As one final added benefit – creating all of our rows to be just 18″ wide allows for our walking rows between plants to be a little more spacious – going from around 24″ to 32″.  That extra space will make it easier to walk between for watering and harvesting.

Adding A High Fence – Recycling For A Better Look

The post and board fencing currently around the garden - and about to be moved to the chicken coop area.
The post and board fencing currently around the garden – and about to be moved to the chicken coop area.

A little over two years ago – we installed post and board fencing all around the garden – which has worked well to define the space and deter deer. But a few weeks back we created a few larger decorative fencing panels in another area of our farm – and we both instantly realized this should be the look for the garden as well. (yes – it’s true – unfortunately – projects always lead to more projects around here 🙂 )

The new fencing that we will put up will be 6′ high – and is actually created from livestock fencing and scrap 2 x 4’s we had on hand.

This will be the new garden fencing to surround the garden
This will be the new garden fencing to surround the garden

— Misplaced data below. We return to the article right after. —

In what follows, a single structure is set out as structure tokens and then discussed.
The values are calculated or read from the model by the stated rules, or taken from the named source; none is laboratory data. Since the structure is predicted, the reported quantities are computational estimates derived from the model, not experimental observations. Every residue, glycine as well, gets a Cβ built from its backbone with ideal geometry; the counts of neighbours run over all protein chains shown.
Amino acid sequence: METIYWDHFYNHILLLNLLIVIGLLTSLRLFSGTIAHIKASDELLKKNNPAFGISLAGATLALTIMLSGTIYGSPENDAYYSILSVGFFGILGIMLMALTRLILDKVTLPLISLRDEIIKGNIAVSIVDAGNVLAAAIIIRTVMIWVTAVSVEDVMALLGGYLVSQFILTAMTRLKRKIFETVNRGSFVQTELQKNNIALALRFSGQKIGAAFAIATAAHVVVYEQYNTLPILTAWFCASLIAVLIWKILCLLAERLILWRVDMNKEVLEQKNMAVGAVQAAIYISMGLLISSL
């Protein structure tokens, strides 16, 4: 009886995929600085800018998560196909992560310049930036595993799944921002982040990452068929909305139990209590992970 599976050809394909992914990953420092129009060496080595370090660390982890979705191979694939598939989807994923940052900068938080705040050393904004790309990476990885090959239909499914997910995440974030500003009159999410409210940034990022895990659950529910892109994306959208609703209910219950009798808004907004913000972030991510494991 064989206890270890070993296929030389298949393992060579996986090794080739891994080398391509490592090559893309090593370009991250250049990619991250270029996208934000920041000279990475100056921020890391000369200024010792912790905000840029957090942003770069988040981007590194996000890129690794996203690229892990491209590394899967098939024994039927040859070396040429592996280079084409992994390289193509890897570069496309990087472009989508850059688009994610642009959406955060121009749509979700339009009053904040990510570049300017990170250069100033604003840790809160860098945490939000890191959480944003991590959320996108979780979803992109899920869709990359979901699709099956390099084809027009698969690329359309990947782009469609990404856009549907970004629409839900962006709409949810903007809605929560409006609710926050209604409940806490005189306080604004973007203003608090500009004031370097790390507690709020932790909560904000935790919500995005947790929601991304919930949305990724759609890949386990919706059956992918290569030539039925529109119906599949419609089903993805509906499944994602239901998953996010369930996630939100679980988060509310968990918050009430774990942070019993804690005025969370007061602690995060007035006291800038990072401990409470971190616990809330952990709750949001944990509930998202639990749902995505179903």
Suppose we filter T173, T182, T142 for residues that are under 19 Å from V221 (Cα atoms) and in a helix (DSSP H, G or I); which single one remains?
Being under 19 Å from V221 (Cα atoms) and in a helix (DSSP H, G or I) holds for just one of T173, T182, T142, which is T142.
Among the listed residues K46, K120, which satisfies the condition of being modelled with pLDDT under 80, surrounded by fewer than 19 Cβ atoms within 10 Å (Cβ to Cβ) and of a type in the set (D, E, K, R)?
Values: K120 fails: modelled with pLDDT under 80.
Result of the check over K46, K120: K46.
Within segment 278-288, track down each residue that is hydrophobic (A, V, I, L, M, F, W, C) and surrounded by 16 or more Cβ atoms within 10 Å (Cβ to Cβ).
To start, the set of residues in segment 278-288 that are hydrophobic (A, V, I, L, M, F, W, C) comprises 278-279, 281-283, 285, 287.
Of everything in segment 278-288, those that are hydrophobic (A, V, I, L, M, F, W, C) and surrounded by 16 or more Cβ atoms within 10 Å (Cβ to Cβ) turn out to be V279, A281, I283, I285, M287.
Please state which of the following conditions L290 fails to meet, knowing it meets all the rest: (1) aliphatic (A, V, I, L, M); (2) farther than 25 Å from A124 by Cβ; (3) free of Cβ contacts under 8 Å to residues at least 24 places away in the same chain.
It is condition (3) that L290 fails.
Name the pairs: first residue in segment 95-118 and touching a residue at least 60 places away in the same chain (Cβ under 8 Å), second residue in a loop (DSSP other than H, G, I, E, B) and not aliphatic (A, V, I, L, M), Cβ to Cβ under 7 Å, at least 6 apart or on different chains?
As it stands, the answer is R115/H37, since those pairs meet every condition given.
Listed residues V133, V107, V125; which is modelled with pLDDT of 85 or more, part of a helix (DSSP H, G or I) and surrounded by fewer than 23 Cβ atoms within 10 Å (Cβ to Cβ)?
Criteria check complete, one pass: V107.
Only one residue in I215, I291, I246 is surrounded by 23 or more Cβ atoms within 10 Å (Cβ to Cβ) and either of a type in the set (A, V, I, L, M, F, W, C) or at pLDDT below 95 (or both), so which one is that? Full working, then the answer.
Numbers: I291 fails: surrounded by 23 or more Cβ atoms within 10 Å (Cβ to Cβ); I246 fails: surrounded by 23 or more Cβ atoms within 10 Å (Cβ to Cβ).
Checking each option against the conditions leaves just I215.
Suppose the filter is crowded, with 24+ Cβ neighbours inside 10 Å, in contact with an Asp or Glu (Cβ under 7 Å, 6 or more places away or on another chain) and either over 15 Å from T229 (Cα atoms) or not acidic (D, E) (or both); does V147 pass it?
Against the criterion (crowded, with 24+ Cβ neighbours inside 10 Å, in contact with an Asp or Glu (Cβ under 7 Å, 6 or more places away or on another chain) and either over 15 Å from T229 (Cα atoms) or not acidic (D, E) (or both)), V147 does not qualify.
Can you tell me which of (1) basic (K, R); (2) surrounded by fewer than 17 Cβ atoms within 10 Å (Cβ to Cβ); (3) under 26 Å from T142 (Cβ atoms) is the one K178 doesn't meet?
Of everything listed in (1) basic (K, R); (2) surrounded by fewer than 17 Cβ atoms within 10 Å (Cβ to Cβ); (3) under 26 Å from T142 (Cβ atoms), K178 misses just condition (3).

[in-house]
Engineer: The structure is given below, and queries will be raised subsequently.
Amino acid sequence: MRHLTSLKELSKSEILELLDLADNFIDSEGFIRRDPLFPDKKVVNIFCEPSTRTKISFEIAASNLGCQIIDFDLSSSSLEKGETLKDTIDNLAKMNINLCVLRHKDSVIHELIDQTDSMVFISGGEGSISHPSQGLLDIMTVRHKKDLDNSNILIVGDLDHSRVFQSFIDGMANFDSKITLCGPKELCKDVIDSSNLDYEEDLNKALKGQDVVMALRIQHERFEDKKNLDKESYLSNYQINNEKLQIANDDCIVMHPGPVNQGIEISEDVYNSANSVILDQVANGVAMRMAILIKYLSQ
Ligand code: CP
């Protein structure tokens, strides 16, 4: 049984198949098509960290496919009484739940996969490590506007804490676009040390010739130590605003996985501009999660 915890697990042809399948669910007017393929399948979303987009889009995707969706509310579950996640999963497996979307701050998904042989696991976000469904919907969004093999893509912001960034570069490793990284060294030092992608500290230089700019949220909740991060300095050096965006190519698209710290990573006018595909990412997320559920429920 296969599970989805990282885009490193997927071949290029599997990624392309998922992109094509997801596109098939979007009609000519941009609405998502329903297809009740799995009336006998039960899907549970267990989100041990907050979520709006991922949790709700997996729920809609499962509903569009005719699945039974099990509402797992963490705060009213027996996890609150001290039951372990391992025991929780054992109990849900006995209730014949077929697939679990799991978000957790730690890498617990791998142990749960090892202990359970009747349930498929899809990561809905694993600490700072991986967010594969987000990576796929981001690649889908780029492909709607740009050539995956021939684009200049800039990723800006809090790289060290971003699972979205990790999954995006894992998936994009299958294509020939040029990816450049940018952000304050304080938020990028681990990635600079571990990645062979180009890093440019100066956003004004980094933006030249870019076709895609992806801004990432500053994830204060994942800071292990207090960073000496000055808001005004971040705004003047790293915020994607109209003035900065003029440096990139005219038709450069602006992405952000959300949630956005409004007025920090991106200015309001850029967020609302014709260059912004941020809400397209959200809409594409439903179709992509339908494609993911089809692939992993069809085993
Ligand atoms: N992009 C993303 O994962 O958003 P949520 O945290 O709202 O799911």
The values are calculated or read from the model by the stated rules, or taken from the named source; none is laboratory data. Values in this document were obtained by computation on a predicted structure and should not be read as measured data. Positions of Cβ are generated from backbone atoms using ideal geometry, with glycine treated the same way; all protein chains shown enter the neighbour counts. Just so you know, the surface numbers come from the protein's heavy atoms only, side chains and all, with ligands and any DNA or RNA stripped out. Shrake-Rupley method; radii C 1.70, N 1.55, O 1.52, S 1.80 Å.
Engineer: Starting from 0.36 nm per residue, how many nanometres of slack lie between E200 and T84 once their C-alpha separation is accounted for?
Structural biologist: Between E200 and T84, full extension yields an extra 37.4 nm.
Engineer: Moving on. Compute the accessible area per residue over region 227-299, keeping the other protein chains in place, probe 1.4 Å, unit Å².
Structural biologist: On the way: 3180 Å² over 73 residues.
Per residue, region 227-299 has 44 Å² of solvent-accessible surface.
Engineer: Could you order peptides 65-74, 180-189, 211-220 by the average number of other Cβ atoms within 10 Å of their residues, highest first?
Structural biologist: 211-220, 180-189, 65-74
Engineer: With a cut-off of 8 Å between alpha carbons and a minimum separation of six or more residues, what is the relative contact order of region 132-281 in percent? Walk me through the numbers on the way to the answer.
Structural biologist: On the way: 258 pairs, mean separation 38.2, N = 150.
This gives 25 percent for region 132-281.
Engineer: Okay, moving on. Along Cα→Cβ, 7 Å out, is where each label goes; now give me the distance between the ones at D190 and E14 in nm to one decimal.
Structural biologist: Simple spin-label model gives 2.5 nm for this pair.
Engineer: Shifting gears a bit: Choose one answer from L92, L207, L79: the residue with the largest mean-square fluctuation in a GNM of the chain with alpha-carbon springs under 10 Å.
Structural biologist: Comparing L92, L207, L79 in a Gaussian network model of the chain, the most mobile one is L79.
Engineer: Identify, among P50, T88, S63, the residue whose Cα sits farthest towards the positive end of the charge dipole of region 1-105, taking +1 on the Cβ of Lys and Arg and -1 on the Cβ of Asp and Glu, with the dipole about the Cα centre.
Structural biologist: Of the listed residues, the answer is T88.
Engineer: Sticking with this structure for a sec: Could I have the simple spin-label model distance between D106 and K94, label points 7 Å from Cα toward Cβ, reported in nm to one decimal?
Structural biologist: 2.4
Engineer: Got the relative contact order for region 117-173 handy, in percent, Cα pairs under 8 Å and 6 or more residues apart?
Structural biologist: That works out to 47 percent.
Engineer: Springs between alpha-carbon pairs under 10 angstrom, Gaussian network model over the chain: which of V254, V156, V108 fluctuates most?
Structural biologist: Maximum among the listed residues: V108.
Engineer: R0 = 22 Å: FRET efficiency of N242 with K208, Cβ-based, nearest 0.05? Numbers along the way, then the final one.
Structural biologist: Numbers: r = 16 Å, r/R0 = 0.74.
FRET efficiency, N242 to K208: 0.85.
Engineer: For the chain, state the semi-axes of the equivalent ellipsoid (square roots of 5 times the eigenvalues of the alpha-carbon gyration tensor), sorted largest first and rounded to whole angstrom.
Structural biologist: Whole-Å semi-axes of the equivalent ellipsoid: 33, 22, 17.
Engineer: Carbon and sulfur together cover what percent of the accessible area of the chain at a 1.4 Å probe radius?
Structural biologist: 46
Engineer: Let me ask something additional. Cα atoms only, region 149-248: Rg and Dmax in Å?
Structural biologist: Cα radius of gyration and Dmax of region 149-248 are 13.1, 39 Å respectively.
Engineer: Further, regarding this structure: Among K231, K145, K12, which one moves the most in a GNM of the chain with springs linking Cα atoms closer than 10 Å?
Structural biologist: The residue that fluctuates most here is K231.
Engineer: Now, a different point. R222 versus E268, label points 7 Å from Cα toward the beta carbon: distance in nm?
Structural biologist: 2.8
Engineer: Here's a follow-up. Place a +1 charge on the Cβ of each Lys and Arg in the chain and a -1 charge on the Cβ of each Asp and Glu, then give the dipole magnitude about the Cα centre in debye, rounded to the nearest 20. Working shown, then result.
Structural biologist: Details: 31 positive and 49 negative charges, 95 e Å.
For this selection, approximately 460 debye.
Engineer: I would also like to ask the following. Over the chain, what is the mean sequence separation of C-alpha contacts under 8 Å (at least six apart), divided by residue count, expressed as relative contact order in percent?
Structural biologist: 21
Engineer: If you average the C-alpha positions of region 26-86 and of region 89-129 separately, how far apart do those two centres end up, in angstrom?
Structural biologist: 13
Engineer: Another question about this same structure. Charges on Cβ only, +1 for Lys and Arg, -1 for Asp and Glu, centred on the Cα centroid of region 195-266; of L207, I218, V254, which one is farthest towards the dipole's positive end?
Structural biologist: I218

To make the fencing  – we use inexpensive livestock panels (16′ x 3′ high for $24).  Using 2 x 4’s as the frame – we just ran a simple groove cut around the middle of the board for the panel to rest in – and then assembled the frame around it. It creates a great looking wire fence.

For the top – we had plenty of 2 x 4 24″ scraps on hand from making pergola cuts – so we used those  to make a decorative design for the top half of the fence.

The end result – we can create 16′ of heavy-duty 6′ high fencing that looks great and should last forever much less than purchased fencing. And although we are lucky enough not to experience too much trouble with animals – it will certainly help to deter deer and smaller animals with the fencing at the bottom.

So – what to do with the old post and board fencing?

As for that old post and board fencing  – you know we had to find a good use for it. In fact – we have the perfect place for it – our chicken coop run area!

We will use the old fencing to build permanent outside areas for the chickens
We will use the old fencing to build permanent outside areas for the chickens